Black Friday: How US retail stacks up against China’s Singles’ Day

World Today

Customers shop at a Kohl’s store in Colma, Calif., Friday, Nov. 29, 2019. Black Friday once again kicked off the start of the holiday shopping season. (AP Photo/Jeff Chiu)

It’s a familiar scene in the United States: Shoppers crowding stores the day after Thanksgiving to snag deals.

There’s big money involved in what’s come to be known as Black Friday – and a lot of it is now happening online.

CGTN’s Gerald Tan takes a look at how Black Friday came to be, the dollars behind the phenomenon and how they stack up globally.

It’s that time of year when we just can’t quite escape these signs: Holiday Sale. Doorbusters. Black Friday Specials.

In fact, the world’s two largest economies–the United States and China–naturally also have some of the biggest spenders. But how do they compare when it comes to their largest shopping events of the year?

The term Black Friday was originally coined in the U.S. city of Philadelphia in the 1950s to describe the annual shopping and traffic chaos the day after Thanksgiving. Eventually, retailers adopted it. They said it was the first day of the year they would turn a profit, the ink in their ledger books going from red to black.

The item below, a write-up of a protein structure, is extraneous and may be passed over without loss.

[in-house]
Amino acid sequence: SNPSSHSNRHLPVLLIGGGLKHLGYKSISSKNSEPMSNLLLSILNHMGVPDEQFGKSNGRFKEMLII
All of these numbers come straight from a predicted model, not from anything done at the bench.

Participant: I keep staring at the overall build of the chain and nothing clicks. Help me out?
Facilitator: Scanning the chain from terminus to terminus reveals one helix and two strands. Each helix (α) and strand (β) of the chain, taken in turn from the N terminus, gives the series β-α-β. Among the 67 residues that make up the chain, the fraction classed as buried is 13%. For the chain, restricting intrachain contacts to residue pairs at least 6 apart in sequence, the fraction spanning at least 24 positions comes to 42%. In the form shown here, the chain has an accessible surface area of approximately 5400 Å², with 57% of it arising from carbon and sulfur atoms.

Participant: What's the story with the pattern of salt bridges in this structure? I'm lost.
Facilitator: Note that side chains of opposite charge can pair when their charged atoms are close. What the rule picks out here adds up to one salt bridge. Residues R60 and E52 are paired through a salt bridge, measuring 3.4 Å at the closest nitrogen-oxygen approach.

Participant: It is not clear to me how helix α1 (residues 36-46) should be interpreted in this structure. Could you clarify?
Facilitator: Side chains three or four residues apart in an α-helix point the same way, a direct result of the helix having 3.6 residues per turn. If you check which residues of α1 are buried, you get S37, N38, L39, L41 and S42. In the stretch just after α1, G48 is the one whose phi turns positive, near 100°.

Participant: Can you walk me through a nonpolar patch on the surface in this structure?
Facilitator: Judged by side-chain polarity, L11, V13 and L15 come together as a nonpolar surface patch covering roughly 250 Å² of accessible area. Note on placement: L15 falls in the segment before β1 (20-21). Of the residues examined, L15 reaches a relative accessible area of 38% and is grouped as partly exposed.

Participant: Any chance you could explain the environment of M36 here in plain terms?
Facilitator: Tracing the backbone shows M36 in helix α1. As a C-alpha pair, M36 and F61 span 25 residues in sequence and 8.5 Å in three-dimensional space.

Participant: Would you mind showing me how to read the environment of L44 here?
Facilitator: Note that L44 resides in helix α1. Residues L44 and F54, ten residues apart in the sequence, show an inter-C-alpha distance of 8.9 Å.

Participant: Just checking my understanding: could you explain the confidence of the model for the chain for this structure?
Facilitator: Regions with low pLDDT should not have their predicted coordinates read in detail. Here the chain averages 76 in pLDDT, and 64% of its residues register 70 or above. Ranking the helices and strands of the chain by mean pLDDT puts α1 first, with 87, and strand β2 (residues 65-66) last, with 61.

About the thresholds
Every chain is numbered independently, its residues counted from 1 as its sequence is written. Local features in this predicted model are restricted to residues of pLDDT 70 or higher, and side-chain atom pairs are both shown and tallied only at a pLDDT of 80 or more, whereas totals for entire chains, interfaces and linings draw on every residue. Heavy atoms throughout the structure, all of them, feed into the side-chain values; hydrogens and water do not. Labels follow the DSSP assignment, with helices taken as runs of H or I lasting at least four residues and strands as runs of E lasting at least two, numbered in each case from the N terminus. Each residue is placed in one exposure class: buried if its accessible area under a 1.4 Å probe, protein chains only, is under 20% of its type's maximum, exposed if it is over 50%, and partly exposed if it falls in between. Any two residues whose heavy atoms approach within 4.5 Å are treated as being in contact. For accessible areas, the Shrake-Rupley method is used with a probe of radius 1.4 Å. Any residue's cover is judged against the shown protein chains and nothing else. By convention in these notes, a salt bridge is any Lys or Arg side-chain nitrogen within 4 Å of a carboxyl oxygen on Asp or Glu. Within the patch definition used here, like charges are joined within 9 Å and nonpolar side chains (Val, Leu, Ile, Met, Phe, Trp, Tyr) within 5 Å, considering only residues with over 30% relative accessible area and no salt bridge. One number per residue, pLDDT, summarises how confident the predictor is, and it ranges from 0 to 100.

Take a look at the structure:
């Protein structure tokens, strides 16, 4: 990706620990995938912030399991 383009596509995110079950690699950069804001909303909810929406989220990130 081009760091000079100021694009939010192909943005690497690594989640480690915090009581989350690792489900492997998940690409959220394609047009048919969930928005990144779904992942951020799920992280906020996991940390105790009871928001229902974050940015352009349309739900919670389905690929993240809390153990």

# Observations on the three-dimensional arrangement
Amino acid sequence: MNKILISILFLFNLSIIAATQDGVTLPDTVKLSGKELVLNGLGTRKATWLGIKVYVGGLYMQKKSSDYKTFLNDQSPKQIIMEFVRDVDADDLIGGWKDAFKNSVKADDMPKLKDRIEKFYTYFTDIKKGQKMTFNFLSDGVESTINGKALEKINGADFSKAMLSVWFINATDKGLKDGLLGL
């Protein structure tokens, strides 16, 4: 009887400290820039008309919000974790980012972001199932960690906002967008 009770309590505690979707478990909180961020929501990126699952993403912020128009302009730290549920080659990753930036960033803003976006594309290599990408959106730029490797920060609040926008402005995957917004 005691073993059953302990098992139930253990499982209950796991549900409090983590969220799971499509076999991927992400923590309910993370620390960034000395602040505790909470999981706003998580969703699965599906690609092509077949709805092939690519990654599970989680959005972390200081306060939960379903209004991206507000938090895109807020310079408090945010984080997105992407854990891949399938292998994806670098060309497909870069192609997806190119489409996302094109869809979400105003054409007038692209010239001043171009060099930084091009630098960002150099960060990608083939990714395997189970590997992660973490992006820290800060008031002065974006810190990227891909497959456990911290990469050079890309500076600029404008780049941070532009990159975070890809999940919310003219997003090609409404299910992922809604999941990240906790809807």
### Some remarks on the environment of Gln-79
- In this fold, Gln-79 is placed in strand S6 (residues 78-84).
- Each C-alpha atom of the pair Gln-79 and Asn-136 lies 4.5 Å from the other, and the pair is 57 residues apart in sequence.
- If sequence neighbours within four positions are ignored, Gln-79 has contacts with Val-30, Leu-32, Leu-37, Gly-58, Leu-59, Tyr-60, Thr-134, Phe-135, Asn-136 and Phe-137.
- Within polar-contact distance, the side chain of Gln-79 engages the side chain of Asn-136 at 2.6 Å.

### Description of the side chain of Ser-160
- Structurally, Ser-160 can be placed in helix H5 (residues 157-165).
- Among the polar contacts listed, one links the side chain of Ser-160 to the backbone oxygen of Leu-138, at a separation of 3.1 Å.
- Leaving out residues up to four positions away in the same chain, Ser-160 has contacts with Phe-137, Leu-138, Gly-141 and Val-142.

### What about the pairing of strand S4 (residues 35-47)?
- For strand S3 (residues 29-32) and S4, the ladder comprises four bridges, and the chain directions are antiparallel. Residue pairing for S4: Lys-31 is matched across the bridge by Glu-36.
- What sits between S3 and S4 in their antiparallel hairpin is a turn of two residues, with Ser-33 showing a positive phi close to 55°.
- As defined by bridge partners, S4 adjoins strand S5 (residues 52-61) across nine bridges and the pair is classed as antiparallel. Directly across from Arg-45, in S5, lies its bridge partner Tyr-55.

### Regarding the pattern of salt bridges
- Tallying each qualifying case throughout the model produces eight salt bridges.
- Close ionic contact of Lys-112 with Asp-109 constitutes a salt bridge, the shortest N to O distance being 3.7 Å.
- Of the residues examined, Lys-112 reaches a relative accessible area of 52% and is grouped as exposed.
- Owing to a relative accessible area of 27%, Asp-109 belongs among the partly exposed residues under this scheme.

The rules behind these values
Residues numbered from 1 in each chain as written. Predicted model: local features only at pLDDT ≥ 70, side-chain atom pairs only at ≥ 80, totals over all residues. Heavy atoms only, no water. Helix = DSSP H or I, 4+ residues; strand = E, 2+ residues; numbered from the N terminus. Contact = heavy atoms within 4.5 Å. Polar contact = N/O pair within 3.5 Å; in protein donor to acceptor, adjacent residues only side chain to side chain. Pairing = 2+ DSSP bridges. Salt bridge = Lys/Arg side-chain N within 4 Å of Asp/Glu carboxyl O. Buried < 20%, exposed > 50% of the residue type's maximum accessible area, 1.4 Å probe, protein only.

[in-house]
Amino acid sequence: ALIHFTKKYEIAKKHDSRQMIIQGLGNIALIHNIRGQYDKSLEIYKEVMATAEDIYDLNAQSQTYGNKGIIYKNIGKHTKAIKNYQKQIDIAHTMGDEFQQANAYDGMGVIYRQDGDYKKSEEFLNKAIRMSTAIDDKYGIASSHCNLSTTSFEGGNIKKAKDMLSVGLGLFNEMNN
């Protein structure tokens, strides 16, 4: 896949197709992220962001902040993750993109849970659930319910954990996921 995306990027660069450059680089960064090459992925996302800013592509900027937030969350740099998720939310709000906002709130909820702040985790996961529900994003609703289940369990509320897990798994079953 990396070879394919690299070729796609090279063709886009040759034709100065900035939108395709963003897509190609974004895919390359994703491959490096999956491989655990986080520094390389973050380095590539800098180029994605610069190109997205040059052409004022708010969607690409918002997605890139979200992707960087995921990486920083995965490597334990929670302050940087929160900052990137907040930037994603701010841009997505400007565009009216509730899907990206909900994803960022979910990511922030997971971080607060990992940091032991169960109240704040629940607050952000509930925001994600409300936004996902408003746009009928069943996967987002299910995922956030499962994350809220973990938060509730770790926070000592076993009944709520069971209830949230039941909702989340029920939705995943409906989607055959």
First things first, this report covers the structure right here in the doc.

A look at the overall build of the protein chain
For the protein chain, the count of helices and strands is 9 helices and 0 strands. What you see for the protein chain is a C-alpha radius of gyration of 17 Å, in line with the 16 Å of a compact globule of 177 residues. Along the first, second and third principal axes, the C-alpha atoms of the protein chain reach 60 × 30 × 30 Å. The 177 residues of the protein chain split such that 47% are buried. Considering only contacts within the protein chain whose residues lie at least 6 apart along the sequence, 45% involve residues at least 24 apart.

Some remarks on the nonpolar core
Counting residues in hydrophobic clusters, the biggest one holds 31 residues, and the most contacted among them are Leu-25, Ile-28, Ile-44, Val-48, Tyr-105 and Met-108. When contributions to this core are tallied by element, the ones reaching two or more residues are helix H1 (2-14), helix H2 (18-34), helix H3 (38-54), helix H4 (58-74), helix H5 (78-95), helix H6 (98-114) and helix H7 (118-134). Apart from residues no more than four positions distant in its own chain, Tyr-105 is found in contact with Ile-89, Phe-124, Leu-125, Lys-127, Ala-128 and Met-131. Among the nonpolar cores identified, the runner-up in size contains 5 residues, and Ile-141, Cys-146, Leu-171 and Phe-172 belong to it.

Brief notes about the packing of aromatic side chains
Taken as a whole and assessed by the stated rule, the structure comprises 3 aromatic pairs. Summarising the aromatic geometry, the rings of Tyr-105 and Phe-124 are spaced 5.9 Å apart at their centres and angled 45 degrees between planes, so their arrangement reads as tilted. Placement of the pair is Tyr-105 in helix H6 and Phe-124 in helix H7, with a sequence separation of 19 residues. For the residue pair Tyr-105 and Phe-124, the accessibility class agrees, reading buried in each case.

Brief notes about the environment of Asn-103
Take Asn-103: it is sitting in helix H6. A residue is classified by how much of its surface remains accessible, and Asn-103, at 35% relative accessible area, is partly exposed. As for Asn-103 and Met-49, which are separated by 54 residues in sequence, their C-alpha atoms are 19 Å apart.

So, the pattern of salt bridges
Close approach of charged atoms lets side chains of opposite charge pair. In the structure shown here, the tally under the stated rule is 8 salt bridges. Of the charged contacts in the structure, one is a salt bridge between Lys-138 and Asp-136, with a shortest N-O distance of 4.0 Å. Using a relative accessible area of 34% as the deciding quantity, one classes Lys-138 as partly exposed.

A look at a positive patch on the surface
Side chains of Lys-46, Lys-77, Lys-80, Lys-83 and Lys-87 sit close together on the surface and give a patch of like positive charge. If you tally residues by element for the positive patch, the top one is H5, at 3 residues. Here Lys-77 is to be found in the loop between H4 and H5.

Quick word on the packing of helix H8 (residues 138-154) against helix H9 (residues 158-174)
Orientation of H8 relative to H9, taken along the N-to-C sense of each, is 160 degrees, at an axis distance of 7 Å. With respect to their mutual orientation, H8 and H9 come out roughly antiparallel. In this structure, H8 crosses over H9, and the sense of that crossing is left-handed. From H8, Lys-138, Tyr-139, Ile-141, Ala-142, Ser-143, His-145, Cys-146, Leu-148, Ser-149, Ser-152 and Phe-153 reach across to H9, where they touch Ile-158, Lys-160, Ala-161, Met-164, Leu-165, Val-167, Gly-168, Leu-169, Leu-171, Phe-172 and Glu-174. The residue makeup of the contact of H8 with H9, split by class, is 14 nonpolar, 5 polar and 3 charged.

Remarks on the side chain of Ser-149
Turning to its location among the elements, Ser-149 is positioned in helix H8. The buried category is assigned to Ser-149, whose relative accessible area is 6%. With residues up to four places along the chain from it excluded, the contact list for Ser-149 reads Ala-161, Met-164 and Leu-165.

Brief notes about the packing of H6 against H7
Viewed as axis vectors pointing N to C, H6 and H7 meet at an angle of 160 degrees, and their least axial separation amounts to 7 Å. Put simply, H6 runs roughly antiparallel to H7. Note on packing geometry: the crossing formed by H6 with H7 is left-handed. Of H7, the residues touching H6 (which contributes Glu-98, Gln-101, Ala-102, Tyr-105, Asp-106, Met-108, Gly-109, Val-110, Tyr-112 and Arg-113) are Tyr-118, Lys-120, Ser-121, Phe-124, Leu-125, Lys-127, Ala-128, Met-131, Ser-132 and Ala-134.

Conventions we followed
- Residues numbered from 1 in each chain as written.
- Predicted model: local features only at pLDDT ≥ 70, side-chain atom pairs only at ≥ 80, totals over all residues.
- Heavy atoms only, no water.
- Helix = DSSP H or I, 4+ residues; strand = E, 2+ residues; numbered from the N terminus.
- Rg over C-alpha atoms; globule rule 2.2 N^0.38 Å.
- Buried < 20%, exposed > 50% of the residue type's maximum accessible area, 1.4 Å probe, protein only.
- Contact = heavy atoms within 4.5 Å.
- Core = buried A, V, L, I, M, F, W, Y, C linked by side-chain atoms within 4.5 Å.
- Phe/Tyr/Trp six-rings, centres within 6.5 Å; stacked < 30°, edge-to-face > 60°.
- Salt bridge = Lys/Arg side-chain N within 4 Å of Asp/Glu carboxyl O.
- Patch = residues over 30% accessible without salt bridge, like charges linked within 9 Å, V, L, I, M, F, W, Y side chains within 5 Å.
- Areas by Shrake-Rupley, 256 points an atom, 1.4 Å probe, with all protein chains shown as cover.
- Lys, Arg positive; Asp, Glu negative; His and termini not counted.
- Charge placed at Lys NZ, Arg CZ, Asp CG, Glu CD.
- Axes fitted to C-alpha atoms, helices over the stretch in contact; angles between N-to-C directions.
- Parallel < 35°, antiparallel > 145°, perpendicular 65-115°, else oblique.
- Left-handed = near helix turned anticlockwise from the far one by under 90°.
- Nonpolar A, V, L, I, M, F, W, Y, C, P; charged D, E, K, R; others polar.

Nowadays, Black Friday is a nationwide extravaganza. Last year, U.S. retailers raked in $6.2 billion in online sales on Black Friday–the highest ever. That’s not counting sales in brick-and-mortar stores, either.

And the spending binge continued, bleeding into what’s dubbed Cyber Monday. Total sales last year hit a record $7.9 billion. Still, spending for the entire weekend combined was eclipsed by China’s own shopping bonanza: Singles Day.

Celebrated on November 11th, Double Eleven, it began as an anti-Valentine’s event in the 1990s. Note the number of “ones” in the date. In 2009, tech mastermind Jack Ma adopted the day for his online portal Alibaba, and the rest is history.

Some of the figures from this year’s 24-hour event are truly staggering. Sales hit $1 billion in just over a minute. And $13 billion in the first hour. At the end of Singles’ Day, Alibaba reported a record-shattering $38.4 billion in total sales.

Over the years, retailers in other countries have begun co-opting these shopping holidays for their own, in the hopes of cashing in. And it’s a strategy that seems to be working.

When the shops have sales, the people will spend.